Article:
Recent protests in Istanbul have highlighted Turkey’s unique, ongoing struggle for liberty. Look beyond the tear gas and water cannons, though, and it is easy to see why Turkey has entered a new, progressive phase in its democratic development.
While Turkey’s leadership bungles its response to the popular uprising, one thing grows clearer by the day: the military, now officially under civilian control, will not intervene on behalf of the protesters. But do not despair, for the time is ripe for the opposition to enact true change through the democratic process.
For nearly a century the armed forces played an oversized role in steering the nation’s affairs, hampering its ability to flourish into a true liberal democracy. That could be expected, as it was the military leader Mustafa Kemal “Atatürk” who founded the Republic of Turkey in 1923 on strict, secularist ideals. In the past, the military would have stepped in during similar street clashes, claiming that the elected leadership was fostering instability and working to dismantle Turkey’s much-prized secular institutions. Between 1960 and 1997, the military staged four coups — the final one considered a “soft coup” — ousting popularly elected, Islamist-leaning governments. Instead of merely fulfilling their traditional role in liberal democracies of ensuring protection from existential threat, the armed forces were an instrument deployed by generals behind closed doors to affect domestic political change.
However, since the Justice and Development Party (AKP) came to power over a decade ago and the election of Recep Tayyip Erdogan to the premiership in 2003, the Prime Minister has reined in the military and cowed its leadership. Erdogan, acting on allegations that the army was preparing yet more coup attempts in 2003 and 2007, arrested countless generals and other officers, many of which are still awaiting trial. Whether the government’s claims about the military plotters are believable or not, Erdogan’s overall popularity has bulwarked his successful counter-coup. Rightfully so, today it is the civilian leadership that has the ability to utilize the army against the anti-government demonstrators, not the other way around.
Now that the military cannot be counted on to hit the reset button, Turkey has a rare opportunity to prove that its democracy has matured over the past decade. Erdogan must understand that the protesters in the streets are not criminals, but people without a functional political party to represent their interests resorting to their last form of political expression available. The Republican People’s Party (CHP), once the leading spokesman for social liberalism and secularism, has been neutered along with its army allies. Despite being founded by Atatürk and ruling the country for the greater part of the last ninety years, the CHP faces extinction in its first time in prolonged opposition. If the CHP is unwilling to capitalize on the civil angst fomenting in cities across the country, it is imperative that opposition youths come forward and organize into a formal political party of their own.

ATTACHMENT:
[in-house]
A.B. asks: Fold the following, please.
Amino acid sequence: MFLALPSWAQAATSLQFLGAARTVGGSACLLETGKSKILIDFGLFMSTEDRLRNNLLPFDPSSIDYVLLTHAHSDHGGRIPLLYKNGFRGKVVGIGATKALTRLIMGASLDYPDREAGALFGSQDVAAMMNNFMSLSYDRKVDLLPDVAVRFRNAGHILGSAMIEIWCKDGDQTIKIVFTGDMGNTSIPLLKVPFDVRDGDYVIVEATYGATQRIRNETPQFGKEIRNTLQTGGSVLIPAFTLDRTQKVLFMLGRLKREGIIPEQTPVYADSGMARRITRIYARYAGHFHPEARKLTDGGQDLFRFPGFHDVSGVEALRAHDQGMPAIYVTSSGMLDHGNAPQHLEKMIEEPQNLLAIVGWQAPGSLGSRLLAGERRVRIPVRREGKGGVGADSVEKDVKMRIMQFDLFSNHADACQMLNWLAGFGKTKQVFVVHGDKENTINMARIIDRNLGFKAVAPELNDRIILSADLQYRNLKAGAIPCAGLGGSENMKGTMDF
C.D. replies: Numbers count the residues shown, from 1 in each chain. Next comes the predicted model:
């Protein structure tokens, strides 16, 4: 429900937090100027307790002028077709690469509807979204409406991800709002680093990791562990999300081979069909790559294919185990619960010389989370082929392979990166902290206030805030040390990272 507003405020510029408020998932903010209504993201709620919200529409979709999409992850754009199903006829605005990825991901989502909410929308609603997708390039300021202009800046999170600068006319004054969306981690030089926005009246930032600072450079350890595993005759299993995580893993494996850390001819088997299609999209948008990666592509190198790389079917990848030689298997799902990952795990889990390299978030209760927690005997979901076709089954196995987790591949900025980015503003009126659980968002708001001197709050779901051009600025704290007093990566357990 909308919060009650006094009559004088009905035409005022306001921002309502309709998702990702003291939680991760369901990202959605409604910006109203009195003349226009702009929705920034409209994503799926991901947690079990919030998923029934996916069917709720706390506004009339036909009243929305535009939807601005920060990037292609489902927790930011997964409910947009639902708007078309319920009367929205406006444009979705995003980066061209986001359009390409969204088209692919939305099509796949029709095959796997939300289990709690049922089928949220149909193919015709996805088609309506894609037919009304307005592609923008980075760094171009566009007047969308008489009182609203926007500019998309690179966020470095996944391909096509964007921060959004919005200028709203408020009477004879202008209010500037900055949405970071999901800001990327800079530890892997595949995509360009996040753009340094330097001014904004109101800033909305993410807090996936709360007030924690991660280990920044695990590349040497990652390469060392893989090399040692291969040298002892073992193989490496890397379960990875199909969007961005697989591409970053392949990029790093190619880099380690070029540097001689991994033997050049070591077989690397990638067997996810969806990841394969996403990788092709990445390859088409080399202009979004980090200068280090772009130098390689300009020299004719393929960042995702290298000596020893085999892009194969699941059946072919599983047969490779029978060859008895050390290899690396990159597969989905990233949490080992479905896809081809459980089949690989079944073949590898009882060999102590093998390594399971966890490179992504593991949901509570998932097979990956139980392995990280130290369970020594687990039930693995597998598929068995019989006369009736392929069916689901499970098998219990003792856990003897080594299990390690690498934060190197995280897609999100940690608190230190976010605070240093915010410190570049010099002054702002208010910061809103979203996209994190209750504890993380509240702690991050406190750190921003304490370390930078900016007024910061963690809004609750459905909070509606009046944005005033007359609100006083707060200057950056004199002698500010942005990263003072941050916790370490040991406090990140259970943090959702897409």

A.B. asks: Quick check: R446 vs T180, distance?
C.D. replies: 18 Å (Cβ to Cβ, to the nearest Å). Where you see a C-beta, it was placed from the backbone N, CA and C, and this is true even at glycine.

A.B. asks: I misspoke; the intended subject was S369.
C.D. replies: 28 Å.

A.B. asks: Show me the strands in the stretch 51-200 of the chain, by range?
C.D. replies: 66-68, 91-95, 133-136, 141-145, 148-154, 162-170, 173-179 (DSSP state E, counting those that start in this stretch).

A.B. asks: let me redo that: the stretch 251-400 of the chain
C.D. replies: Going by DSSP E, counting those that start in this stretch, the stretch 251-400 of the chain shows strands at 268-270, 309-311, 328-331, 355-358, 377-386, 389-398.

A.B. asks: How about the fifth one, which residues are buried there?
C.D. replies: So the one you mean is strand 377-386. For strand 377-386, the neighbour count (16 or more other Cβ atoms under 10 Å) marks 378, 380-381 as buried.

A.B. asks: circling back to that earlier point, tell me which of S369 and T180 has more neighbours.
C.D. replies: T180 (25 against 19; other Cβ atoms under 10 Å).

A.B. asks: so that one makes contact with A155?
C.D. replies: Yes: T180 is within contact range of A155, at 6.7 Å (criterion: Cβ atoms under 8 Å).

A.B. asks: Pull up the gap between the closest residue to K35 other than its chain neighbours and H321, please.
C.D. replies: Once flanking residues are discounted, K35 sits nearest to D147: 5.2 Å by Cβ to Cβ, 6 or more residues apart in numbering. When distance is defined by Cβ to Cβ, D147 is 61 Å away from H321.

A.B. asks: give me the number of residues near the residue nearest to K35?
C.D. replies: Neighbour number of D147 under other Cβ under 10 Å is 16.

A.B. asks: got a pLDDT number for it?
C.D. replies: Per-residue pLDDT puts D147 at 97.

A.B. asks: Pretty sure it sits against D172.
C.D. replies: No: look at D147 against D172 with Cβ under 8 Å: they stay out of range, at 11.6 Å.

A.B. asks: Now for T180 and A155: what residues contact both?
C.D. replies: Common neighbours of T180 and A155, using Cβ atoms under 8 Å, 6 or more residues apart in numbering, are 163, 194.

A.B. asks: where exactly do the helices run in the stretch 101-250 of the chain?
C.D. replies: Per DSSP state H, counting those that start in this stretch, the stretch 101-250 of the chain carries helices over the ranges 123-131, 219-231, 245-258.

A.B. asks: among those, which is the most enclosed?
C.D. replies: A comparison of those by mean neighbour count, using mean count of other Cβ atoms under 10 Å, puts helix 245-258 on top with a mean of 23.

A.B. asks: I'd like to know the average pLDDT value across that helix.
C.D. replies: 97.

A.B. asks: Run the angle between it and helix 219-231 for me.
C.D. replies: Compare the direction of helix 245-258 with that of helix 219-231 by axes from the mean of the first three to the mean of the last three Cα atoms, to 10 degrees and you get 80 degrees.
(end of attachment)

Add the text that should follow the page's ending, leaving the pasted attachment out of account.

Meanwhile, Erdogan must act with confidence, knowing that his office is no longer held accountable to the military establishment, only to the voters. He should meet with the opposition and work with it to move past their differences, making compromises wherever necessary. If the opposition has responsibly organized itself into a party, then it will be easier for it to accept Erdogan’s current leadership, abandon its street protests, and prepare for the next general election.
The road to liberal democracy is long, but no driver will see its end in the flash of a Molotov cocktail or down the barrel of a gun. It takes time to develop a society that respects its political minorities. Erdogan has invested too much in his legacy over the past ten years to have it all come crashing down. As the military remains quietly on the sidelines where it belongs, there should be no “call to arms,” only a “call to ears.” The people, it would appear, seem ready to listen.